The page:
Nick’s Blog

MVVM

by Nick on Nov.12, 2010, under Silverlight

I was recently watching a video presenting the concepts behind Microsoft’s newish programming model MVVM (Model, View, View Model). You can find the video within the article here. The reason for watching the video was that I really wanted to know what MVVM was and I really cannot complain about the content from that point of view. After watching the video I had a clearer understanding of what MVVM is.

The easiest way for me to explain MVVM is to ask you to think of a typical VB6, ASP.Net, WinForms, or Silverlight application. In all these cases there is a form or a view with control and then behind the scenes there is code that fills the controls are reacts to events. In all of these cases we are separating the view from the code and we often call this code “code behind”. However the code behind still has to have knowledge of the view and this means testing this code behind is usually left to visual inspection by a tester rather than being tested by any automated script such as a unit test. There are exceptions to this, there exist tools that can test that a GUI is doing what it is supposed to do but most people find these tool cumbersome to configure and the resulting tests costly to maintain.

So what does MVVM bring to the table? Well what Microsoft are trying to encourage is that the code behind has no knowledge of the user interface. The view model contains all the code that calculates what values should appear in what controls but stops short of actually putting the values in the view. Instead the view model will have a property and the view will be responsible for fetching the value as required. Conversely values entered into the view will be pushed to the view model as they are changed.

The reason that this is advertised as being a good thing is that we can then write unit tests that exercise the view model and test that it responds as expected. So, in other words, if you expect that inserting a value into field A will cause the text in field B to change it is now simple to write some code that writes a value to field A and tests field B.

Do you know how we would have tested this in the old days? We would have told some guy to run up the application and insert a value in field A and check the value in field B. Now I’ll admit that if you are unit testing the form against some mock data source then doing this in the running application might be more difficult. But what really crushes the MVVM idea for me is that the view is now effectively late bound to the view model. So any errors will only become apparent at run time or worse, there will be no errors it just will not work.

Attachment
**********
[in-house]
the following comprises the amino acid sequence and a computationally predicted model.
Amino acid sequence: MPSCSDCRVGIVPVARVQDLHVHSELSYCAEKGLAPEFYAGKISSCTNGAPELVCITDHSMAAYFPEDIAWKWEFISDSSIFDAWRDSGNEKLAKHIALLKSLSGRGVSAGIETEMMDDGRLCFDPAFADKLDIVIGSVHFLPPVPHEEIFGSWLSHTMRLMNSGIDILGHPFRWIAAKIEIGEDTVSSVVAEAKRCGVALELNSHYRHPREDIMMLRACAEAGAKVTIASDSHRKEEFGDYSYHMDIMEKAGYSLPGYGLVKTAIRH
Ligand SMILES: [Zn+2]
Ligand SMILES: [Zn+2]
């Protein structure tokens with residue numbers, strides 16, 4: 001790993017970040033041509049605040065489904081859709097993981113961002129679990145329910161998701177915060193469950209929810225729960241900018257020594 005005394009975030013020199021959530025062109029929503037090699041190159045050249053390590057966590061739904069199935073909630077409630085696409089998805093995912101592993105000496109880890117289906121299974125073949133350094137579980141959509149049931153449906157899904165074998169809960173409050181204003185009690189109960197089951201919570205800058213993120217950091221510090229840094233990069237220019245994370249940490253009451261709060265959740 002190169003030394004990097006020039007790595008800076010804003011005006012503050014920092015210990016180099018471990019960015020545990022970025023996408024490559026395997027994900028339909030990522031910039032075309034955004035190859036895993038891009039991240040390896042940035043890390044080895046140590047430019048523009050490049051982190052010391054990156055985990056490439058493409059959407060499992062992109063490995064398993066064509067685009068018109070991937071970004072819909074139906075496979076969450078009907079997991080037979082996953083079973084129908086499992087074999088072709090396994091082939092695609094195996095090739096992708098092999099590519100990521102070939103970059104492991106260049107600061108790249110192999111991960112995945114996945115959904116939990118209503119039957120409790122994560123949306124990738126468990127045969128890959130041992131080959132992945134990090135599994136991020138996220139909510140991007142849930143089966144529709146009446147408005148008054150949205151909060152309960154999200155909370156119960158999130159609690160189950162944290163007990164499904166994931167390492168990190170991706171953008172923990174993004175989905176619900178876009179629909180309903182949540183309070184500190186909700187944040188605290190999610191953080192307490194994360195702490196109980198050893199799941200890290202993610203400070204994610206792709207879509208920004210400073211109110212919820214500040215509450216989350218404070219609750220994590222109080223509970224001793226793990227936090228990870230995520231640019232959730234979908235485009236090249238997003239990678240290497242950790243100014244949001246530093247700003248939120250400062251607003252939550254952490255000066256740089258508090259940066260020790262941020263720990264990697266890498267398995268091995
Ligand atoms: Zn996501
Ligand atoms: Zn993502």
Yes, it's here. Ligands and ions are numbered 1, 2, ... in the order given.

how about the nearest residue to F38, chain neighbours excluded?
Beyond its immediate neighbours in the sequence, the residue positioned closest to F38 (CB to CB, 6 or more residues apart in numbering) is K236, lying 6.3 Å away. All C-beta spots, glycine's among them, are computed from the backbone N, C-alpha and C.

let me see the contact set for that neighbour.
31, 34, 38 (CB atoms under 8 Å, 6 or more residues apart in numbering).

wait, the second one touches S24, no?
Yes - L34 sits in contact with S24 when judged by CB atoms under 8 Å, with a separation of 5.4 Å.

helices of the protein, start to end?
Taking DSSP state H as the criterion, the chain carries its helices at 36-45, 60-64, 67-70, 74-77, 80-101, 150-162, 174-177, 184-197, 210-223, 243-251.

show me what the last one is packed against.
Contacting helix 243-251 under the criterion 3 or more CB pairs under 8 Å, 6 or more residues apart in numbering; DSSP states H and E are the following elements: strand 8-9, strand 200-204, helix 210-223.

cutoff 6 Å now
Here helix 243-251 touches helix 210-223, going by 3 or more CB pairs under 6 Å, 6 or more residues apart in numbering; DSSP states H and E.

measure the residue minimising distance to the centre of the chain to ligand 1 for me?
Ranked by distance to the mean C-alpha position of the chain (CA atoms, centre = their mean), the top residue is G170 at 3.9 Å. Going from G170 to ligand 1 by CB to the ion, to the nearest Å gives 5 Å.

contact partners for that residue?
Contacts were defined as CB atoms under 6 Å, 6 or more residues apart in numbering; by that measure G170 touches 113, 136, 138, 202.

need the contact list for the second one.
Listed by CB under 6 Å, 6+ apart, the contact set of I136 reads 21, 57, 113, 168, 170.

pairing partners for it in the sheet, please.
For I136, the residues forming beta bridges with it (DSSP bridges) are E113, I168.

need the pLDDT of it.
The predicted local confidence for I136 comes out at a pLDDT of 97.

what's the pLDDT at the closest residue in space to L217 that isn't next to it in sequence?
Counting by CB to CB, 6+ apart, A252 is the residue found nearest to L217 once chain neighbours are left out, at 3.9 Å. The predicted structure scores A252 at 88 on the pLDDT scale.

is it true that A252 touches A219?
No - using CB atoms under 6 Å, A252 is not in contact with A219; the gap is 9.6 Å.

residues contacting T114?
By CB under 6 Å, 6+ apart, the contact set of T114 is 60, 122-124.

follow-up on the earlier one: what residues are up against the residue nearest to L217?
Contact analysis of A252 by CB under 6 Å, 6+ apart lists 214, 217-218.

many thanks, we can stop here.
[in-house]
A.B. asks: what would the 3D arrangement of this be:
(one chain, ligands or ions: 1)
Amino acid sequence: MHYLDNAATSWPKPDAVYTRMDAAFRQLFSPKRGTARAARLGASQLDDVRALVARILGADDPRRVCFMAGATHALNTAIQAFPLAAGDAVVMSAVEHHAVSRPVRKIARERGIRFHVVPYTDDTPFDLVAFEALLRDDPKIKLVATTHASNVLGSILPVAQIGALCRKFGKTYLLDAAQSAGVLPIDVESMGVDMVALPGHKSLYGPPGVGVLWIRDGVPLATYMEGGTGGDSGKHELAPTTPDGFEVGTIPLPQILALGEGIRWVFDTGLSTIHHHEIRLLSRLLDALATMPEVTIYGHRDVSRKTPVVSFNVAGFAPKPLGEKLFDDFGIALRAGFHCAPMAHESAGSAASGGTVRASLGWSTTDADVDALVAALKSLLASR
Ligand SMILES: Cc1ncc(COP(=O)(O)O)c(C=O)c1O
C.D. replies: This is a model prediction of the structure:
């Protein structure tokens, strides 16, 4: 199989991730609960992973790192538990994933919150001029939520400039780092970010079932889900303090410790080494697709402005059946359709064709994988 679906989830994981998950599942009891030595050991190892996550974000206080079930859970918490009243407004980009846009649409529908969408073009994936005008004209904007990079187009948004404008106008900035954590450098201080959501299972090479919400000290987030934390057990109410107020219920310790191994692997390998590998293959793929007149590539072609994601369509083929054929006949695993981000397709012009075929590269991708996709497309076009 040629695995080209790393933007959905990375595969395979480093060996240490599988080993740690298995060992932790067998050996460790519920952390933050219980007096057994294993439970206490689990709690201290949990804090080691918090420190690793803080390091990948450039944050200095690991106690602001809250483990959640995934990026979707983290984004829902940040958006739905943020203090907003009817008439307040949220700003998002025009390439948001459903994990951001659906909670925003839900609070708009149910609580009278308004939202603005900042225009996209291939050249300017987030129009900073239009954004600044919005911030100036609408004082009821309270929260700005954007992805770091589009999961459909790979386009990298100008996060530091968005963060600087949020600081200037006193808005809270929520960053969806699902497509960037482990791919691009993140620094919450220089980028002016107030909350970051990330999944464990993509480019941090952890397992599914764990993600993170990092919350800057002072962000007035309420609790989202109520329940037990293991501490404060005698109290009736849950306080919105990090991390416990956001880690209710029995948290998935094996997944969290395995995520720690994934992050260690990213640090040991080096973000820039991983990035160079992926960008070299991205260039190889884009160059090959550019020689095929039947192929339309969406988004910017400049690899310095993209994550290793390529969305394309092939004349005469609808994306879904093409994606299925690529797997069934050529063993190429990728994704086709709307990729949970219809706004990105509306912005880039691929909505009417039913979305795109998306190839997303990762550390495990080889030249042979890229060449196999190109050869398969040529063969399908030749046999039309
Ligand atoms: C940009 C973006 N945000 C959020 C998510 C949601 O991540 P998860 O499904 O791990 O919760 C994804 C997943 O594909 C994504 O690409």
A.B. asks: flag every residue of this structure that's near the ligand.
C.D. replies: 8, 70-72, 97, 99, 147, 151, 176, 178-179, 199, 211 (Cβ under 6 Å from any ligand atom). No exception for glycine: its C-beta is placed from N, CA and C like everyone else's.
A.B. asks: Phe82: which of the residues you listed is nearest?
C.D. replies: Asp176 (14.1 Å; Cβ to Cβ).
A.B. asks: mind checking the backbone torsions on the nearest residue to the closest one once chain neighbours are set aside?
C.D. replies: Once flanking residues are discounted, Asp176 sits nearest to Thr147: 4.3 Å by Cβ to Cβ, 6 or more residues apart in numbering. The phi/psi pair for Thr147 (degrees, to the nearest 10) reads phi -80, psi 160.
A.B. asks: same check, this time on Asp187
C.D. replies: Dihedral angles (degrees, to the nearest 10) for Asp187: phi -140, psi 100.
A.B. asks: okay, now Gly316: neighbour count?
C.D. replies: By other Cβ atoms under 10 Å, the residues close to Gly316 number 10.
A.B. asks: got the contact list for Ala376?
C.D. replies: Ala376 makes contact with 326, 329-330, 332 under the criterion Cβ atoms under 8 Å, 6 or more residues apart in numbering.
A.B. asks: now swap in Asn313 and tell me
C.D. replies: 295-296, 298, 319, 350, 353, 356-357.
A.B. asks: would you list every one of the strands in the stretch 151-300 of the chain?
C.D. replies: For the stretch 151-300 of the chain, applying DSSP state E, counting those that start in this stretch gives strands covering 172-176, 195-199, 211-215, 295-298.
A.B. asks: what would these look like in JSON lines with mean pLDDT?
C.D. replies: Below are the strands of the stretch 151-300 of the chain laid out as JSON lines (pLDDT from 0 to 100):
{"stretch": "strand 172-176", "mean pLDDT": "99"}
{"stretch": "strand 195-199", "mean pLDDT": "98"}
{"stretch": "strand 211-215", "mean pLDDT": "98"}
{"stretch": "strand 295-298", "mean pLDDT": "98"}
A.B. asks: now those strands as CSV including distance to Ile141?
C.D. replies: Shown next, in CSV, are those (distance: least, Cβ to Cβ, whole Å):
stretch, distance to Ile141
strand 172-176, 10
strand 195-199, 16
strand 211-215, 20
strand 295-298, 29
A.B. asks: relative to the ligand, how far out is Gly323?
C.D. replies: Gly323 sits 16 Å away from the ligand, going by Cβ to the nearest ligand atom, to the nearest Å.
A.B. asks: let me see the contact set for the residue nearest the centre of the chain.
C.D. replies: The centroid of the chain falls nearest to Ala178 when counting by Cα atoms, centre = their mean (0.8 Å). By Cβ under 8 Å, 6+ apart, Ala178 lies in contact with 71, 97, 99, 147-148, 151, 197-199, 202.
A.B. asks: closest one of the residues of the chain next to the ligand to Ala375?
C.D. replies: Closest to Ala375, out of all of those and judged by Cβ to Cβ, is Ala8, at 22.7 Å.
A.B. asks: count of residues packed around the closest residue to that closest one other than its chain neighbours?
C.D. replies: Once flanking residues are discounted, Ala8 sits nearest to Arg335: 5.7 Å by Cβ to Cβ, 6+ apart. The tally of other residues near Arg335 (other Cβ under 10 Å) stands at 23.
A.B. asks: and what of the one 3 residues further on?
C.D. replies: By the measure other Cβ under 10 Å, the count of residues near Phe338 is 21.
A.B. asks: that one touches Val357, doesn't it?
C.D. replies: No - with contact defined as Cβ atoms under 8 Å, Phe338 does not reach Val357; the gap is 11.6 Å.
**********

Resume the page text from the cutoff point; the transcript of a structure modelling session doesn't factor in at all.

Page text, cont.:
If you watch Jason’s video you will notice a few moments where he “forgets” to update the binding properties in the view and the application does not complain, it just does not work. So this means that however carefully you craft your code behind (or view model) and however carefully you craft your code behind unit tests to confirm that the behaviour is correct, you can mess it all up and get a run time only problem simply by binding the view incorrectly to the code behind. So, in other words, no matter how carefully you test your code behind, you are still going to have to test the view. After all that work separating the view from the code behind you are left with a system that still requires rigorous manual testing.

Routed commands! You know, I actually like the idea that you couple a user interface elements to something that knows if it is available or not. The result is that buttons or menus can be enabled or disabled automatically based on the condition of the command and all the user interface elements that invoke the command are consistently updated.

In Jason’s case he wanted the submit button to only be enabled when he had entered some text into the stock ticker. So he created his code so that the Enabled property (actually it was called something else) was available when the tickers text value was not empty. He fired up the code and sure enough in the initial state the button was disable. He started typing text and the button remained disabled. The reason was simple, binding only updates the underlying value when the field loses focus. OK so that is something you cannot infer from code inspection and I am a bit of a fan of the idea that you look at the code and can see what it does. His solution was to change the text fields binding properties so that after each change it submits the value to the bound view model. Now I call that coding. OK sure it does look like -

public void Ticker_OnChange(sender,e)
{
    CheckCommandCanSubmit();
}

And coding should not be in the user interface according to all the Guru’s. Besides, if you have any coding experience you will instantly see what my code is doing. I can include comments to tell you if you really like. But what seems to be going on is that they are saying that the view needs to have real knowledge of the view model. In other words, if I change my view models way of validation I might also have to update my view, and if I update the way I want my view to work then I will have to update my view model. So ultimately there is no separation of concerns, the view and the view model and simply one and the same. Great you can add some unit testing, but it is unit testing you will have to repeat over and over again during user testing and not some black box deep in the guts of the application that the user could never have hoped to have tested.

:, , ,

Comments are closed.

Looking for something?

Use the form below to search the site:

Still not finding what you're looking for? Drop a comment on a post or contact us so we can take care of it!